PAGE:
I'm back, since this is still going. That was me, Suz, up thread, who said I didn't think Angie's advice would work well for hoarders with a resistance to culling. I was talking about myself there, let me be honest, and I see some similarities in how Fashiontern has been posting. I know for me, it just wouldn't help to be told that most of my stuff was frumpy or tired or didn't fit, or to have someone going "Out out out!". All the same , Fashiontern, over the thread which I've just re-read it did seem like in the end maybe you've decided 5 out of 11 instead of one out of 11 could go, and sound like you are happy with that decision. I think that is better, because you did seem to be drowning in a pile of old clothes. I find when I do let some go, when I realise they don't fit or flatter very well, then I hardly ever miss them and can move on. It is an emotional wrench so be kind to yourself. Suz's advice, and Vix's, is very helpful because they have been there. Cheers.

Jenni, I hear you -- it can hurt to hear our favourite things reduced to the word "frumpy." To be fair to Angie, I am sure she's be far more diplomatic than I was! She'd be decisive and determined in such an upbeat way that her hypothetical client would probably feel blessed -- and she would make a place for some sentimental favourites, or suggest a holding zone for items that could potentially be workable. I'll bet she'd find uses for certain unexpected items, too! But I do know her overall impulse would be to simplify a bit by clearing the decks.

I hesitate to comment, because this thread got really long and I only read half, and what I have to say is probably simple and shallow by comparison, but I need to say it anyway...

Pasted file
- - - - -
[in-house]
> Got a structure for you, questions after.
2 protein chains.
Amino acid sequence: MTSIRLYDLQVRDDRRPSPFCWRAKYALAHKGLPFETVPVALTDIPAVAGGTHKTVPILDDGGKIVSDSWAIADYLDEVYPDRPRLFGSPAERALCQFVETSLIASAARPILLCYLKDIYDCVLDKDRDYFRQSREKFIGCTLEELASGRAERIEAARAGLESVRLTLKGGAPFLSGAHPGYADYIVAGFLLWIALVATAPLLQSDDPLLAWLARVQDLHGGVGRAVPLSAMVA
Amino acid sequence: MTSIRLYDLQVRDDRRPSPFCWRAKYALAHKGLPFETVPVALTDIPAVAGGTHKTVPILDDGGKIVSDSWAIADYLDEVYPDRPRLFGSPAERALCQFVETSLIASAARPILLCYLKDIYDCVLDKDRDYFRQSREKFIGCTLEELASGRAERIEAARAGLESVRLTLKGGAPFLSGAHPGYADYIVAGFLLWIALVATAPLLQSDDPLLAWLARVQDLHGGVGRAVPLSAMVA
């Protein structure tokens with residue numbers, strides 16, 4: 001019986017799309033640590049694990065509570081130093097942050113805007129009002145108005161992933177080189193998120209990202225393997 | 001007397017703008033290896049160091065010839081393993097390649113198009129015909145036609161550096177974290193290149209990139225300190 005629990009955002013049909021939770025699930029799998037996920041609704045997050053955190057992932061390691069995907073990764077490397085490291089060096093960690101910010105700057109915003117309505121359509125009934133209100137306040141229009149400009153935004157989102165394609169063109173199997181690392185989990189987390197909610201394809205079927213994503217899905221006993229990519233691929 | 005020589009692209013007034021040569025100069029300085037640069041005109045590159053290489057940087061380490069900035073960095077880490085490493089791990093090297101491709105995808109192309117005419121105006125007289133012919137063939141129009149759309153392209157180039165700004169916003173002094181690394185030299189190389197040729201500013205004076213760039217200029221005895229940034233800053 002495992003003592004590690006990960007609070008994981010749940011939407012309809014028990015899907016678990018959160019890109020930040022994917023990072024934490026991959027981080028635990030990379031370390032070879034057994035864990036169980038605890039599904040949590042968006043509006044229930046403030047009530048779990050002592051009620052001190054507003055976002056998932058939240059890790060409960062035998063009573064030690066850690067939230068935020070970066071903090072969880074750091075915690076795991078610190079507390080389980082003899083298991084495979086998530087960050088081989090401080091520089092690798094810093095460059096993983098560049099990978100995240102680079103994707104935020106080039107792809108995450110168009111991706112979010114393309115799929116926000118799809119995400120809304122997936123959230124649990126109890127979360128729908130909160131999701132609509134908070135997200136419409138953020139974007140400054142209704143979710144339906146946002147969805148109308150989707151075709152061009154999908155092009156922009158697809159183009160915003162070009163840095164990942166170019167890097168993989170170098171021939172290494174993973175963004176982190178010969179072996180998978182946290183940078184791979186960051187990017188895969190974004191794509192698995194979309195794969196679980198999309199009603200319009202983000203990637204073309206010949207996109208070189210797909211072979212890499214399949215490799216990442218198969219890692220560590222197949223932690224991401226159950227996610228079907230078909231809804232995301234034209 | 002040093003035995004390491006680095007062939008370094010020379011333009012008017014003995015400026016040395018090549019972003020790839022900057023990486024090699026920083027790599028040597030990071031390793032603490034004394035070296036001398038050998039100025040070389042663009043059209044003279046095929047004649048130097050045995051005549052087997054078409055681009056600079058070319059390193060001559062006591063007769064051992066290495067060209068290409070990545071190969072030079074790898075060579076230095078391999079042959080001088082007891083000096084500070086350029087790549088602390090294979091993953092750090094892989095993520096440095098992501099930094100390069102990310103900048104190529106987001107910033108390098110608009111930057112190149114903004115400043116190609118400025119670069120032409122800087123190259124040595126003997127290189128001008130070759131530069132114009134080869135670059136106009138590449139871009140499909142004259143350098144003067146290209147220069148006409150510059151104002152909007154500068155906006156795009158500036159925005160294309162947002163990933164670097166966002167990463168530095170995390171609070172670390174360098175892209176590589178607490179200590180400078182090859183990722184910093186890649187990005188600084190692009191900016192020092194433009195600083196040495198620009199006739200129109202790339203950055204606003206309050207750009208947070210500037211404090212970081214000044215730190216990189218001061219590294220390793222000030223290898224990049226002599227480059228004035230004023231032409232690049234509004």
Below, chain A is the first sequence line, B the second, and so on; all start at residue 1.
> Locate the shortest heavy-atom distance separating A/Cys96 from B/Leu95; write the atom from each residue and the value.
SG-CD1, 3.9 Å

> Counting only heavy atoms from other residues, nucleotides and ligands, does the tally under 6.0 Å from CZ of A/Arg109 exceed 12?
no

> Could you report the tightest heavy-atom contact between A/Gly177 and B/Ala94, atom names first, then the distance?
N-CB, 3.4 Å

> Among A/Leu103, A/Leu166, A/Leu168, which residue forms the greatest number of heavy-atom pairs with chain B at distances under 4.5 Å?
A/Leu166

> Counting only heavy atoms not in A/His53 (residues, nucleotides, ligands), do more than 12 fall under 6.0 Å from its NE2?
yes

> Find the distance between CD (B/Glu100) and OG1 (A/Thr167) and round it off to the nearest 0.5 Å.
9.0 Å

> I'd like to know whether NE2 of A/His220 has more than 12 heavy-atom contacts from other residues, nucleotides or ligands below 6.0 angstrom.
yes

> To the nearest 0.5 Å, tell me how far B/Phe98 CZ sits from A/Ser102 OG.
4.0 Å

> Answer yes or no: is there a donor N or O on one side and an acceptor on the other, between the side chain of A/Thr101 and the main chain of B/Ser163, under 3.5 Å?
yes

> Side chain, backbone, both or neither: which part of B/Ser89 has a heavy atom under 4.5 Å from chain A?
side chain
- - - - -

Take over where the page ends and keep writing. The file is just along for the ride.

#6 stands head and shoulders above the rest.

Jenn NZ, you get me! I had to let it roll around in my skull for a while, but did eventually realize that there are some of these I am unlikely to ever wear. There are 1 or2 that are winners, and a vast in-between that a hoarder who's trying to save money for a move might want to spend time--months--deciding about, and that a stylist could say to clear out because it's not a sure hit.

The stylist, of course, may well be right. When I saw the stylist in 2010 and she said a particular matching top and skirt outfit was frumpy, I accepted her advice because in my gut I could feel that was right. I loved the colours of that outfit and it had been inexpensive which was helpful at the time when there had been weight gain( not loss as in your case) and I was trying to build a wardrobe. But I think it has taken until this year, 7 years later, to begin to really understand WHY it looked wrong. It is all the learning I have done by reading mags, books and this forum. Probably good I did go with a gut reaction at that time or I would still have that outfit! But I do get emotionally attached to the things I have bought- I liked them at the time or I wouldn't have bought them. I think you have said the same, and you've never done a closet clear- out. If you do have a gut reaction that something is wrong, I would try to go with that to help clear the decks a bit, as Suz says.

Jenn NZ, "sometimes the stylist is right". Well, yes! I'm clearing out way more than I would have without the forum. And I'm changing my approach, to give myself more time to grow & learn, and to give all of you less aggrevation in exchange for your sound advice.

My style journey is similar to Suz's. It wasn't something that I could just figure out. I started by shopping at cheaper retailers and checking the sales/clearance racks, buying things that I felt attracted to in my heart; I didn't use my mind so much other than to assess fit.

As I shopped, I became more and more aware of what proper fit was. Different retailers cut their clothing differently, and when you find clothing that really works on your body shape, you will start to get an idea of what is possible for fit off the rack. So your idea of what constitutes good fit will be honed over time.